Roderick McLean | Staff Writer
A peek at top NBA Draft prospects
With the NCAA Tournament over, it’s time to focus on the next step for a select few college basketball players: the NBA Draft. There are a large number of bright NBA prospects. Here are players who could have a big impact.
Arizona freshman center DeAndre Ayton is considered by many to be the best player in this year’s class. Ayton, a 7-0 big man, weighs 260 pounds. For his size, the former Arizona center has great coordination and runs the floor well.
The player he is most often compared to is David Robinson. However, a difference between the two is that Ayton has adapted to today’s style of play by being able to spot up on the floor, even the 3-point line.
His numbers in college were tremendous as Ayton averaged 20.1 points, 11.6 rebounds and 1.9 blocks per game. He is projected to be the first pick in the draft. The slot can go to a number of teams depending on the lottery, but there is no doubt that Ayton will have a significant impact wherever he goes.
Alabama freshman guard Collin Sexton is another big-time player. He was one of the most forceful guards in the country and plays with so much energy. Sexton is only 6-2 but is very physical and athletic. He’s great at absorbing contact and finishing at the rim.
Sexton has lightning speed, agility and ball handling, making him a great slasher. Not only does he slash well, but Sexton’s jump shot looks sure and very dangerous in the mid-range area. This season, he averaged 19.2 points, 3.6 assists and 3.8 rebounds. Sexton looks to be a top 10 pick and have the same effect in the NBA that he had in college.
Oklahoma’s Trae Young is often compared to Stephen Curry and Mike Bibby. During the first part of his freshman campaign, Young nearly averaged 30 points and nine assists per game his first 10 games. He’s just the fourth high-major freshman guard in seven years to record a usage rate higher than 30 percent.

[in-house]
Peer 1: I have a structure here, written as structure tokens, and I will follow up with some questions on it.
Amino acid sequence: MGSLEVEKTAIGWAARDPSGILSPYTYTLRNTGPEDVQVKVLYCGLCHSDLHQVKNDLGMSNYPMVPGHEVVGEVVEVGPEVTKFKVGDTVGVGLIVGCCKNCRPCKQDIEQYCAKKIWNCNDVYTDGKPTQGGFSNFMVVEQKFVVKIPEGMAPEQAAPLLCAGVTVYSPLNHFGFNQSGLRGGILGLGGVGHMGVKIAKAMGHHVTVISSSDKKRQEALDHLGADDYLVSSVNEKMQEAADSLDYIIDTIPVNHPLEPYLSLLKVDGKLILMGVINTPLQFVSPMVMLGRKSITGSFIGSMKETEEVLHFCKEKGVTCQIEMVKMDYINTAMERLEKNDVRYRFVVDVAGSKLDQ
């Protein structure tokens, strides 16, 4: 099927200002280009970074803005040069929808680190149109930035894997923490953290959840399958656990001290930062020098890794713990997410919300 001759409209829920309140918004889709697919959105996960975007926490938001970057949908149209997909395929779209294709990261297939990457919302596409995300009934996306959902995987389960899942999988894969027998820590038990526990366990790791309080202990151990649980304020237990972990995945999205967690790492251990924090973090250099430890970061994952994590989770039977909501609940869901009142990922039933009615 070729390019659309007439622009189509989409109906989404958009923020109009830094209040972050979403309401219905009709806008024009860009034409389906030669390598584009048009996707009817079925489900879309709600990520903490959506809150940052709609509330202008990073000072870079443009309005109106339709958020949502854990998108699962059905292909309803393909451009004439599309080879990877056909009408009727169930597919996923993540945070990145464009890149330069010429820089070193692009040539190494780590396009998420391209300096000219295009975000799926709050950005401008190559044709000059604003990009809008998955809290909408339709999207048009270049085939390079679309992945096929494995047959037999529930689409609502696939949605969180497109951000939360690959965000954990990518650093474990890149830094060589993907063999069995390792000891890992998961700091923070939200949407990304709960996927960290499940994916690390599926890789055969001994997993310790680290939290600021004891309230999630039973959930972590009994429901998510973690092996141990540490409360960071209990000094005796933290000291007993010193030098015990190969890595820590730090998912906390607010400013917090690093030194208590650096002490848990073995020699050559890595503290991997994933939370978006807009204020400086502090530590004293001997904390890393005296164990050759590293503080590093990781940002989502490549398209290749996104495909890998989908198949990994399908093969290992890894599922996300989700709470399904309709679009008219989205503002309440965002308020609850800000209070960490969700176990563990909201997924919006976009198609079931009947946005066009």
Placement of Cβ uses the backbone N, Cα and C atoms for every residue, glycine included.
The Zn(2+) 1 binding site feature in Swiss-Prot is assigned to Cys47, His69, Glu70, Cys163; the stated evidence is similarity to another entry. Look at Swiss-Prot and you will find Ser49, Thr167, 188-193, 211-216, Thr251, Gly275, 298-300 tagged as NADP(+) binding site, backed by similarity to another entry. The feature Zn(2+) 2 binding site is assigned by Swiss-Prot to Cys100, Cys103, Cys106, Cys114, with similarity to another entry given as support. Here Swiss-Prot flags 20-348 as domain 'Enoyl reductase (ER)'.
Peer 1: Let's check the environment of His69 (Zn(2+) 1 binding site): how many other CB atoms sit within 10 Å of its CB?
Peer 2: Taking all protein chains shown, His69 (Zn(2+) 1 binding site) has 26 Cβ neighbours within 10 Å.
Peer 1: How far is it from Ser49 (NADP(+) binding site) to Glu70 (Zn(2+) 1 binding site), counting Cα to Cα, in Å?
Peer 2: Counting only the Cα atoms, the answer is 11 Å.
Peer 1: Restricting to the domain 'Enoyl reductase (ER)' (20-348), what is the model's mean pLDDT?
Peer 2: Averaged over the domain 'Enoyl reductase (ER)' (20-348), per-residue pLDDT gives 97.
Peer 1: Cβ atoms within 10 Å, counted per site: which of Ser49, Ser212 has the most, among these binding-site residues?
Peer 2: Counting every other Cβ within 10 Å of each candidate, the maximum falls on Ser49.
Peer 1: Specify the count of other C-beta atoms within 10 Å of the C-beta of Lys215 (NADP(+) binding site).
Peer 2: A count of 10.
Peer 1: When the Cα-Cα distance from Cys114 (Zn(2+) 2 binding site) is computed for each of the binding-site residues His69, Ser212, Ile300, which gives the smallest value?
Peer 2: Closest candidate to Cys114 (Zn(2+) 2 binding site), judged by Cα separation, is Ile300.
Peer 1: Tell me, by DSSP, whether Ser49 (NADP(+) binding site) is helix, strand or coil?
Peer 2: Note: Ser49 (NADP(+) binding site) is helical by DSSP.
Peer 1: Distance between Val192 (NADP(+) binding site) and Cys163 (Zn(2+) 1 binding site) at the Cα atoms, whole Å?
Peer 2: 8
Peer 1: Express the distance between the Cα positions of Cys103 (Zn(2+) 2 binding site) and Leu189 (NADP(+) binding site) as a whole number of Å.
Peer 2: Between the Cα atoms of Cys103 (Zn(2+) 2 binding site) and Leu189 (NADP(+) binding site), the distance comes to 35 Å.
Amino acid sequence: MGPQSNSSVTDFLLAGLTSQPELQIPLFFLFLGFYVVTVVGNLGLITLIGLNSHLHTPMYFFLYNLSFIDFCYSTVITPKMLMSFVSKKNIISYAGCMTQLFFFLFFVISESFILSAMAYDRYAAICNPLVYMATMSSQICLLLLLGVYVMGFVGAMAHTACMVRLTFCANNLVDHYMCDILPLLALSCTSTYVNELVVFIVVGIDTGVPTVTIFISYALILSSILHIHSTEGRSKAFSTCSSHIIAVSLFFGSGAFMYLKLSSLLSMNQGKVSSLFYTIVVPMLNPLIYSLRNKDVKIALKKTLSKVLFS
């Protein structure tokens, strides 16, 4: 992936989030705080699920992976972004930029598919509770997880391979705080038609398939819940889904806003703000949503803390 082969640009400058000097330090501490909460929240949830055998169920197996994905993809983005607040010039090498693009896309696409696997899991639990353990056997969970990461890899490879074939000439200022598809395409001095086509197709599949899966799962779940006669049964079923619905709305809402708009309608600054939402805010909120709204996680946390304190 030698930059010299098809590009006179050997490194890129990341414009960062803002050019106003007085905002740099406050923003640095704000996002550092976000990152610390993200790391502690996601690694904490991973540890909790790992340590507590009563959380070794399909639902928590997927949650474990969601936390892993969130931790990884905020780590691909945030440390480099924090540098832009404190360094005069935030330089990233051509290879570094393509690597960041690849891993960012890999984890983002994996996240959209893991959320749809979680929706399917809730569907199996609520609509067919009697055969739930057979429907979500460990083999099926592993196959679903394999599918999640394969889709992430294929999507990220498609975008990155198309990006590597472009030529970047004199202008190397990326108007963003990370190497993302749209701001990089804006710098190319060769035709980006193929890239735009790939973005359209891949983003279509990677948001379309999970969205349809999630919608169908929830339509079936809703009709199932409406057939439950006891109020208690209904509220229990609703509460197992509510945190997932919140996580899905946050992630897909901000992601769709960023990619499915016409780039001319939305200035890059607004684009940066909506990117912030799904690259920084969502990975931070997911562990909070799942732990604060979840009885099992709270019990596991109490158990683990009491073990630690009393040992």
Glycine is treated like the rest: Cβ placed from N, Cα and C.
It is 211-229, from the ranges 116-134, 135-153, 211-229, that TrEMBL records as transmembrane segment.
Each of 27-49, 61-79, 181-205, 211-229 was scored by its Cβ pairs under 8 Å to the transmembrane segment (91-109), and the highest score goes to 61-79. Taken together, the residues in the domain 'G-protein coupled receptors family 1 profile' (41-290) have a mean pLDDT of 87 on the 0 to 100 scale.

Young has shown that he can hit the NBA 3 with his seemingly limitless range. He has a quick, compact release that doesn’t have any wasted motions. This has enabled Young to get his shot off extremely fast, even through tight spaces.
The Sooner has been most useful in a pick-and-roll style of play as it forces defenders to choose to defend him or the roller. One of the things scouts say Young needs to work on is getting stronger. Standing at just 6-2 and weighing in at 181 pounds, Young is relatively small.
In the NBA, this will be a concern due to so many players being absurdly athletic. Young averaged 27.4 points and 8.8 assists per game this season, which were remarkable numbers.
Michael Porter Jr.
Missouri freshman Michael Porter Jr. had a short season due to a back surgery. In the two games he played when he came back, Porter looked stiff and out of shape.
He has fantastic size as a wing forward at 6-10 with a 7-0 wingspan. He has an astounding jump shot to go along with his great rebounding ability. He tends to only rely on his shooting against a defensive half court and also doesn’t create a lot of off-the-dribble shots. His pull-up game is good, but can be predictable.